Sometimes you just get “The Feeling” about a team. That perhaps, this is just not its time.
Or, when you are Alain Vigneault, that this might be the end of your time. In Vancouver, at least.
The Vancouver Canucks have gone blah. Meh…
Watching them used to be must-see TV on a West Coast start after the kids have gone to bed. But that was back when they used to score tic-tac-toe goals, throwing it around on the power play like the Harlem Globetrotters.
Today, the only one in Van City with a ball eternally spinning on the tip of the finger is general manager Mike Gillis, who hasn’t been able to find his deal for a goaltender. We applaud his dogged patience, but it has left Vigneault with a Top 6 player dressed in goalie pads and a baseball cap at the end the bench every night, and a wonky team save percentage of .905.
And the longer the season goes, the less sure we become which goalie Gillis should actually be shopping. Or if there is a deal out there that can fill the needs of Vancouver’s ever-growing list of must-haves, if this team is to resemble a Stanley Cup contender again by late April.
Ryan Kesler comes back, only to be injured again. David Booth shows up at training camp out of shape, pulls his groin, and hasn’t been any help all season. Now he’s out “indefinitely” with a sprained ankle.
Zack Kassian has a sore back, but like so many before him, he has only produced when playing with the twins. Kassian has five goals this season. He’s not helping very much.
Now, the one thing you could count on — beating the Minnesota Wild at Rogers Arena — has deserted the Canucks as well.
In a game tied 1-1 after 40 minutes, with first place in the Northwest Division on the line, the Wild pulled away from Vancouver decisively Monday night, scoring twice to beat Vancouver 3-1. Minnesota also won a stunning 68 per cent of the faceoffs Monday night, a statement game for the Wild as they moved atop the Northwest.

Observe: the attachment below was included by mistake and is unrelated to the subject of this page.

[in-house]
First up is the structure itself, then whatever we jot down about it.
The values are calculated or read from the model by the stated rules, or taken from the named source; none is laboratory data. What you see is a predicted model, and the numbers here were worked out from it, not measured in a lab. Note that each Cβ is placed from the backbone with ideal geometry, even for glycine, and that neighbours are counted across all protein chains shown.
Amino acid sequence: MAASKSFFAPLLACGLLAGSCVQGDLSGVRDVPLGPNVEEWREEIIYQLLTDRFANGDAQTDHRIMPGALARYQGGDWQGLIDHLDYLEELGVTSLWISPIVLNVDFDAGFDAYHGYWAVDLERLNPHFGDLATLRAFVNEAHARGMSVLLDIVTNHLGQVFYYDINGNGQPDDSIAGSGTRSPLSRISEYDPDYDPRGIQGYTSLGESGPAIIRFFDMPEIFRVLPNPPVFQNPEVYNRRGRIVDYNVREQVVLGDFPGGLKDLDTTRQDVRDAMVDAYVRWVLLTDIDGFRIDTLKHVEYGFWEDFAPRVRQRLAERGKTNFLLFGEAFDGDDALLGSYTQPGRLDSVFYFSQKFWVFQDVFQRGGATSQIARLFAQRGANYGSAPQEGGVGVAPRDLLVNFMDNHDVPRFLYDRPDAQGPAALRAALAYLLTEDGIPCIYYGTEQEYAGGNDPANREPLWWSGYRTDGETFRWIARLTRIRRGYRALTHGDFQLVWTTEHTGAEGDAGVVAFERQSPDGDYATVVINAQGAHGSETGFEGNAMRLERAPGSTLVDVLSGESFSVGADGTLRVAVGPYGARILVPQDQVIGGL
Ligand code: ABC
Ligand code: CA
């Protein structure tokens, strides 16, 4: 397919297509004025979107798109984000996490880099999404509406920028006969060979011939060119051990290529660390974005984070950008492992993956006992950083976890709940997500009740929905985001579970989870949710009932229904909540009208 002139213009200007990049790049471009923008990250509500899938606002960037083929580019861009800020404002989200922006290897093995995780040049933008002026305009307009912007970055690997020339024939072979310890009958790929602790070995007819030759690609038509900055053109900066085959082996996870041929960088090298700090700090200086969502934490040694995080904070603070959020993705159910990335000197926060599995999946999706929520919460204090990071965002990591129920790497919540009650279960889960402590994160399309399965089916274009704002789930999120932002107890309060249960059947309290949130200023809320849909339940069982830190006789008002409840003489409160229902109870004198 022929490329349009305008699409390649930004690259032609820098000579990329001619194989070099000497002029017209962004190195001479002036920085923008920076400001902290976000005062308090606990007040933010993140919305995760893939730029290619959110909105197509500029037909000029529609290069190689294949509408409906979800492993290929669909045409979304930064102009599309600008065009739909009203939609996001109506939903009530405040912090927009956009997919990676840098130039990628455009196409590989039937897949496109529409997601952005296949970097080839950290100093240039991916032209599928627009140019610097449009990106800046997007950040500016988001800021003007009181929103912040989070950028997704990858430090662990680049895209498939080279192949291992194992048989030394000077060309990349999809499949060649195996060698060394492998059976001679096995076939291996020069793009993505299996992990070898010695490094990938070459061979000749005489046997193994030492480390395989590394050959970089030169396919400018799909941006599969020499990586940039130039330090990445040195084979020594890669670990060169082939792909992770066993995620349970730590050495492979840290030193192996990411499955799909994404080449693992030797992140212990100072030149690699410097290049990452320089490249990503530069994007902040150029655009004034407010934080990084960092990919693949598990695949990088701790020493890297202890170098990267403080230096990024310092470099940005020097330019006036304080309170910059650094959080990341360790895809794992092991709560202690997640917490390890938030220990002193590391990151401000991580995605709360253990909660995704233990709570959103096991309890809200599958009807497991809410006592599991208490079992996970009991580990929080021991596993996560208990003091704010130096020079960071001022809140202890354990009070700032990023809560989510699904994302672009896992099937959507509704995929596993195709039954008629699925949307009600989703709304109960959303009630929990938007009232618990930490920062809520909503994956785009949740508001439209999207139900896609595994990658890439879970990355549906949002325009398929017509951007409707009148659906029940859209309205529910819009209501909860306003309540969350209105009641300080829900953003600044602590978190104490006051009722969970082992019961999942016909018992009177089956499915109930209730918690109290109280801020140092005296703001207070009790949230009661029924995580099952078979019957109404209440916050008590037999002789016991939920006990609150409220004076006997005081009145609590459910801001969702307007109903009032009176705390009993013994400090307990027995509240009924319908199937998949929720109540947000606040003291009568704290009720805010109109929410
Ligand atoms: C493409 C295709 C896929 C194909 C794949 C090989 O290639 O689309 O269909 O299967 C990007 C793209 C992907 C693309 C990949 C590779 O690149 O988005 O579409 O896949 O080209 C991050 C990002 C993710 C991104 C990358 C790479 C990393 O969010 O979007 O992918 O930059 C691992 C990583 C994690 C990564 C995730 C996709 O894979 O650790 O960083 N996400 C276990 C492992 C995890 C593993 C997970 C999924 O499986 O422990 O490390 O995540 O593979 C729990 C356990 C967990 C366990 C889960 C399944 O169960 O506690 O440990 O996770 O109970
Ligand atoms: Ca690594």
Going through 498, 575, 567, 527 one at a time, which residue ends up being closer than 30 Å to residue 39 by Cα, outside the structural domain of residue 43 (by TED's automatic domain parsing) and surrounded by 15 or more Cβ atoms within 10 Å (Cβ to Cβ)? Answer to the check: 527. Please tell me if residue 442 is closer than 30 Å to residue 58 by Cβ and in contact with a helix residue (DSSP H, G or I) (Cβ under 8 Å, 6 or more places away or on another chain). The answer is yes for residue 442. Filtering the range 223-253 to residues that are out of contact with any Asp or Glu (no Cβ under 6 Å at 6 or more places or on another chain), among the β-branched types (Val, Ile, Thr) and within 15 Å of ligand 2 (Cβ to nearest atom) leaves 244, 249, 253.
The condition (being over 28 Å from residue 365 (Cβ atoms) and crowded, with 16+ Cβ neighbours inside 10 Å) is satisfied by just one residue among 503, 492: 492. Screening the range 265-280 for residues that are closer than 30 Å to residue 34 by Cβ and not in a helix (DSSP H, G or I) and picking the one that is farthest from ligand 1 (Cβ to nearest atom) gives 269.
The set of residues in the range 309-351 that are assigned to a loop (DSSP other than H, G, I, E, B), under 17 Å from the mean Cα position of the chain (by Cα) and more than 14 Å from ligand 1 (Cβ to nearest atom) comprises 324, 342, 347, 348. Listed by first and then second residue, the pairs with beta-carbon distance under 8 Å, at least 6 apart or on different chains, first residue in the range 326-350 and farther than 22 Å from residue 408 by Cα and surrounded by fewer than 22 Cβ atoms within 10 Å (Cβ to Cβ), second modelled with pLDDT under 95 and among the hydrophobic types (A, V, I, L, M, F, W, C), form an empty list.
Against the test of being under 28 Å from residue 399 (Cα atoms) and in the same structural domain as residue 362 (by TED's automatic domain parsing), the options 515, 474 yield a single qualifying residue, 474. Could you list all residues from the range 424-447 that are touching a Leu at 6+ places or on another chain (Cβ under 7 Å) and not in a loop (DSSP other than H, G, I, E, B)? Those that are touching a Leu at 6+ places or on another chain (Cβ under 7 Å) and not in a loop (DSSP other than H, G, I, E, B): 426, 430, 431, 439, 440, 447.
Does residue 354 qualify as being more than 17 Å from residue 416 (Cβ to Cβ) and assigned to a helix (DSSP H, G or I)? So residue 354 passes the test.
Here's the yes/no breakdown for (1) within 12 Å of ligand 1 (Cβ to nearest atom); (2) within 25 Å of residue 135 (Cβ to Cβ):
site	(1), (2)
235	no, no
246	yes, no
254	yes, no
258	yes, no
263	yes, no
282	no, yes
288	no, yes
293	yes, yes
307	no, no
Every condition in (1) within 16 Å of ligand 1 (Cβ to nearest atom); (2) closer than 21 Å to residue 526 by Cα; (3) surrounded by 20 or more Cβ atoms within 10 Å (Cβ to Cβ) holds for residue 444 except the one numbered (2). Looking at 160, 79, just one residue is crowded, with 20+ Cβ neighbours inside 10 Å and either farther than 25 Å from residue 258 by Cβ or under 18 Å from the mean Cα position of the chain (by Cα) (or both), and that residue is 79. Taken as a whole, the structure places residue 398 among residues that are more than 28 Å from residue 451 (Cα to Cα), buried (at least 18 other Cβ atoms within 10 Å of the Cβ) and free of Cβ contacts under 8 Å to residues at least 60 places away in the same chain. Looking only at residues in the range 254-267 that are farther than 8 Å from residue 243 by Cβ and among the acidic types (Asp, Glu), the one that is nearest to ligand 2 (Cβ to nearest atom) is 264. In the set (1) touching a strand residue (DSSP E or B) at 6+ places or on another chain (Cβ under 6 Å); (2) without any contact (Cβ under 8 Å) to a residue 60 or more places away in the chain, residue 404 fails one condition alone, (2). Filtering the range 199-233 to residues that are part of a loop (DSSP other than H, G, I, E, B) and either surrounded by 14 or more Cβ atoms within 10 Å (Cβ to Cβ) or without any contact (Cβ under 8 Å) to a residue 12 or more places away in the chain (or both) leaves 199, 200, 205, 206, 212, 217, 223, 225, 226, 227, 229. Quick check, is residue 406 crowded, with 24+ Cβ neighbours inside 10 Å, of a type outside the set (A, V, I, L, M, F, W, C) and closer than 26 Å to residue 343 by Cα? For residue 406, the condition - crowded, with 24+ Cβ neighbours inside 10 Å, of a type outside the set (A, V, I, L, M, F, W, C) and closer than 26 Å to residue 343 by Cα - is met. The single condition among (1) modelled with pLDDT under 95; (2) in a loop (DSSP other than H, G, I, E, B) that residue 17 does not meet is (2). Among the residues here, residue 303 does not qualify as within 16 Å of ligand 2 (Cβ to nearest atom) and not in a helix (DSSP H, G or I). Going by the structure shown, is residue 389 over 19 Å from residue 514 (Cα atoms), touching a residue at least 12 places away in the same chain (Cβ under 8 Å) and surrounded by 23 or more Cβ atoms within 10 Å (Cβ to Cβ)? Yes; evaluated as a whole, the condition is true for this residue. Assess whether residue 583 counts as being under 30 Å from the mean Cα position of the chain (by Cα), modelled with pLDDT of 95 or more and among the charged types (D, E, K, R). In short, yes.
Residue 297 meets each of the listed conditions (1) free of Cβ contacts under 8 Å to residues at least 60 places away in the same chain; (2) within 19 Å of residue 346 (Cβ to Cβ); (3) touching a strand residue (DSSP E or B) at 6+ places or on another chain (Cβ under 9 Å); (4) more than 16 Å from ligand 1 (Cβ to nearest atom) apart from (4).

“I thought we got a good 60-minute effort,” Henrik Sedin, ever the positive voice inside the Canucks room, told reporters in Vancouver. “If we can keep playing like that every game we are going to get wins … I don’t think we gave up a whole lot of chances.”
That effort will beat the lesser teams, on a lot of nights. But as evidenced on Monday, it wasn’t enough to defeat the oncoming Wild. No power play, no even strength goals and no progress for Vancouver, a program that is officially treading water after taking its fans to Game 7 back in 2010.
While the Wild have now won five of their last six games, Vancouver has dropped six of its last eight. Minnesota flexed its muscles Monday at The Rog, and is feeling the confidence of a team that is, for now, the best in the Northwest.
“That’s what’s going on right now,” head coach Mike Yeo said of the steadily mounting confidence. “It’s fun to be on the bench and listen to the guys talk and say the things they’re saying. It’s a good focus right now.”
“I liked a lot of parts about our game tonight,” offered Vigneault. “We went after them. We played well with the puck. We put pressure on them. We had some real solid scoring chances and we forced their goaltender to make some good saves.”
It was the start of a five-games-in-seven-nights run that will shape the Canucks’ season in no small way. St. Louis is in tonight, as each game becomes a symposium in Vancouver on the future of Vigneault.
He has spent seven seasons leading these Canucks, and we’re a believer in Vigneault as an elite coach. His roster today isn’t close to what it was in 2010, but things like that never seem to matter it gets decided that the message has gone stale.
Vigneault’s Canucks have gone eight games now, scoring two or less in seven of them. And even though they’re getting their power play chances (ranked ninth in the NHL in opportunities) the unit has gone cold. A 14 per cent efficiency has Vancouver sitting 27th in the NHL, and is a big reason for a debilitating scoring drought.
The Canucks used to bury you on the PP. Without that weapon, it is just another good team, but not a great one.
“Those are our best players,” Vigneault said earlier this week of the flailing PP unit.
They are indeed, Alain. That’s why their jobs are safe.